CrystalDiskMark

Developed by a Japanese coder that goes by the nickname Hiyohiyo, CrystalDiskMark is one of the most frequently used SSD Benchmark utility to measure SSD’s read and write performance.

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AS SSD Benchmark

Widely used SSD benchmarking utility that uses incompressible data to simulate the worst possible scenario for an SSD and thus giving a much lower sequential read and write speed result than what has been stated by the manufacturer as a result of the heavy workload.

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ATTO Disk Benchmark

The most frequently used benchmarking utility by many manufacturers for performance specifications. As ATTO Disk Benchmark uses compressible data rather than incompressible data, it results in higher benchmark scores.

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File Transfer Speed Test

For this test, we’re using a collection of test data that consists of large and small files (both compressible and incompressible) ranged from 1GB to 64GB to see how well the SSD can handle these files when it’s filled up to 90% of its maximum capacity, similar to what we’ve done on the synthetic test. We’ve also used a PCIe Gen3 X4 SSD rated at 3480MB/s read and 3080MB/s write in this test to ensure that the performance bottleneck during the test is kept as minimal as possible.

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On a fresh installation, the SSD is capable of write performance reaching around 1800MB/s range with files under 16GB file size but shows a significant drop in performance as soon as the file size goes beyond 32GB range. Based on this behavior, we can see that the SSD can’t really handle large files very well.

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With the SSD filled to at least 90% of its maximum capacity,  we can see a significant drop in performance for files under 16GB but surprisingly, the performance drop for very large files i.e 32GB above is almost similar to what we’ve observed from the previous test.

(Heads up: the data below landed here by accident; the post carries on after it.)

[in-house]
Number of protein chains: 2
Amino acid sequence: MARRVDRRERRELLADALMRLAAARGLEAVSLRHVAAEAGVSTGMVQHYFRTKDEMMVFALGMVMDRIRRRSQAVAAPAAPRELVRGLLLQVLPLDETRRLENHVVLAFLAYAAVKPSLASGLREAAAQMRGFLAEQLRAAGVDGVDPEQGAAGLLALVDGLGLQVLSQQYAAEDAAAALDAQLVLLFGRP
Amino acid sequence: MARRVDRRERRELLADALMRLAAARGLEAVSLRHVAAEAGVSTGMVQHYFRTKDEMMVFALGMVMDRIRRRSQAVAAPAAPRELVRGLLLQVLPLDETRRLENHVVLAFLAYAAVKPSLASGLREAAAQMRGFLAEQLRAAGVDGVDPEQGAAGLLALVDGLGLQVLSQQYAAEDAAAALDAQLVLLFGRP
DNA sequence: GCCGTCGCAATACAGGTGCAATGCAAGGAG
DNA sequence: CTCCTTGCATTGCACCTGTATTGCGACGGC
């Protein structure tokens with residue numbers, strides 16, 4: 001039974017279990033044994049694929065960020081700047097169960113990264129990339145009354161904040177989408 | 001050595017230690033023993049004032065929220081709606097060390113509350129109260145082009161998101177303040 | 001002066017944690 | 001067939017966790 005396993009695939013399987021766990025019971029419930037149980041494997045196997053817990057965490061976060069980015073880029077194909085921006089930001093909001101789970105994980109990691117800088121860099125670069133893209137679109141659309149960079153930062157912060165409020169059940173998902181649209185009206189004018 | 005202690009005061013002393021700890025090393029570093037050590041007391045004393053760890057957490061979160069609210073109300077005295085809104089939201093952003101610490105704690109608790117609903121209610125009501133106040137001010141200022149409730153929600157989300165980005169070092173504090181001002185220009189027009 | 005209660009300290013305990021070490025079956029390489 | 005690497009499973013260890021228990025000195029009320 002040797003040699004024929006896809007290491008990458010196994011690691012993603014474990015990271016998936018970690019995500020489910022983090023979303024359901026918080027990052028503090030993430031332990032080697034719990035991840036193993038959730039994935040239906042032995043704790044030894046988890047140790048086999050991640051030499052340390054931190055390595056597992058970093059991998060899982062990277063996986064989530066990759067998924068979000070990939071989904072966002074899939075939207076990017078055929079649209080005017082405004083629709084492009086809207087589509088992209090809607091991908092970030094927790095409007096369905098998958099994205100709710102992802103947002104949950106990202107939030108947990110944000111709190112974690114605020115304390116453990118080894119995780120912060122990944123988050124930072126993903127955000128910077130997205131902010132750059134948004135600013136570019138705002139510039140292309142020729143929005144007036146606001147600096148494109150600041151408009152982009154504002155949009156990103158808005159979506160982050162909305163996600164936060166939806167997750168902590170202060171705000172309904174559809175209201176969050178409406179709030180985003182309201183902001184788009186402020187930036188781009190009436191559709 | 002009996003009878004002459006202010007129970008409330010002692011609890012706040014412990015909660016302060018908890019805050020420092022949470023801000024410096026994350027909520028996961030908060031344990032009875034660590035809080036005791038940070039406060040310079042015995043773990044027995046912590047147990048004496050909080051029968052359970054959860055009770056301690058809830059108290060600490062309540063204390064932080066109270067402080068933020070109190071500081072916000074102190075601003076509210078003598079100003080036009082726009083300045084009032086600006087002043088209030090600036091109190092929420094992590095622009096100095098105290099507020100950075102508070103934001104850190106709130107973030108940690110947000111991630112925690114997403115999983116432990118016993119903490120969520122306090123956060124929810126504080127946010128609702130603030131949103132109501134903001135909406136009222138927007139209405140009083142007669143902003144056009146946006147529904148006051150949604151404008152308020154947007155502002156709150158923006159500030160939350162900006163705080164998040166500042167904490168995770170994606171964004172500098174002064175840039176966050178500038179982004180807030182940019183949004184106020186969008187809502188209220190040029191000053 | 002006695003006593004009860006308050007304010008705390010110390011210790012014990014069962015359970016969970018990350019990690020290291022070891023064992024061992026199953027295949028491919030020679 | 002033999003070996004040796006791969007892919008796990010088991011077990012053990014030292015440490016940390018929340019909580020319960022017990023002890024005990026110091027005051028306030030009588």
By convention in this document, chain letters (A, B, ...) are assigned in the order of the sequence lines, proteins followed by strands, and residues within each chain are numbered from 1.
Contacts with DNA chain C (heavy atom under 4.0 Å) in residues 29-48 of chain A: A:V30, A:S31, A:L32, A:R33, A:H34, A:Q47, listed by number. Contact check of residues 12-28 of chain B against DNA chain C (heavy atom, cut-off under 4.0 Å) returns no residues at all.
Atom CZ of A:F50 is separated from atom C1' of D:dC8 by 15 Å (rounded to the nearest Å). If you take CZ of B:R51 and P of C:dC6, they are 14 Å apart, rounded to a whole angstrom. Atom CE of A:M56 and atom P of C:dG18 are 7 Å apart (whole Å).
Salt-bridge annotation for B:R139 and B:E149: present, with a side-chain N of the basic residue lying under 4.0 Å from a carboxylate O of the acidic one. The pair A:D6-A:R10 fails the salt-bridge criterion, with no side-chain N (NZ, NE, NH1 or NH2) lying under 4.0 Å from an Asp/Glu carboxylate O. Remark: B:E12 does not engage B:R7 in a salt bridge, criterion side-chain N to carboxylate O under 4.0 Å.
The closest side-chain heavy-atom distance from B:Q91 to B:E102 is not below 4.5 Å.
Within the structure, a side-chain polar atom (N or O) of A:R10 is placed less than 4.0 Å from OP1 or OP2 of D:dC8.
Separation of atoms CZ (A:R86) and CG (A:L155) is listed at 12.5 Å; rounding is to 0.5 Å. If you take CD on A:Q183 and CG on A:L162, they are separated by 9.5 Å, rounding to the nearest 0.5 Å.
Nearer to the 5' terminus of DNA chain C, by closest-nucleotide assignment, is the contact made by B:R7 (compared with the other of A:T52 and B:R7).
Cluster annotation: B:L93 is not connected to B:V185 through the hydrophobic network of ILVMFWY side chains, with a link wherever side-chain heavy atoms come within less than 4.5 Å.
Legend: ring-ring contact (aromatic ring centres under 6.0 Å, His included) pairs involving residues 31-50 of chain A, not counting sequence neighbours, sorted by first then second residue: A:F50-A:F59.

Final Thoughts

Based on our benchmark results, we can say that the WD Blue SN550 is more of a consumer-grade SSD that is designed for normal usage i.e casual gaming and general use for basic workloads. If you’re looking for a more storage-intensive option for your next SSD upgrade, the WD Black SN750 will be the more suitable choice to consider for.

Despite not having the performance of a premium-grade SSD which will easily cost 2-3 times of its cost, the WD Blue SN550 is still a significant upgrade for users who are looking for an upgrade from a SATA SSD, let alone from a normal HDD. At the price of RM 600, the WD Blue SN550 1TB is priced slightly higher than some of the reasonably performing SATA SSD but looking at the performance it can deliver, it’s definitely a reasonable and budget-friendly upgrade from a SATA SSD or HDD drive for general use.

Pros

  • Reasonable performance for DRAMless SSD
  • Good price
  • Compatible with WD SSD Dashboard
  • 5 years warranty

Cons

  • Don’t handle large files really well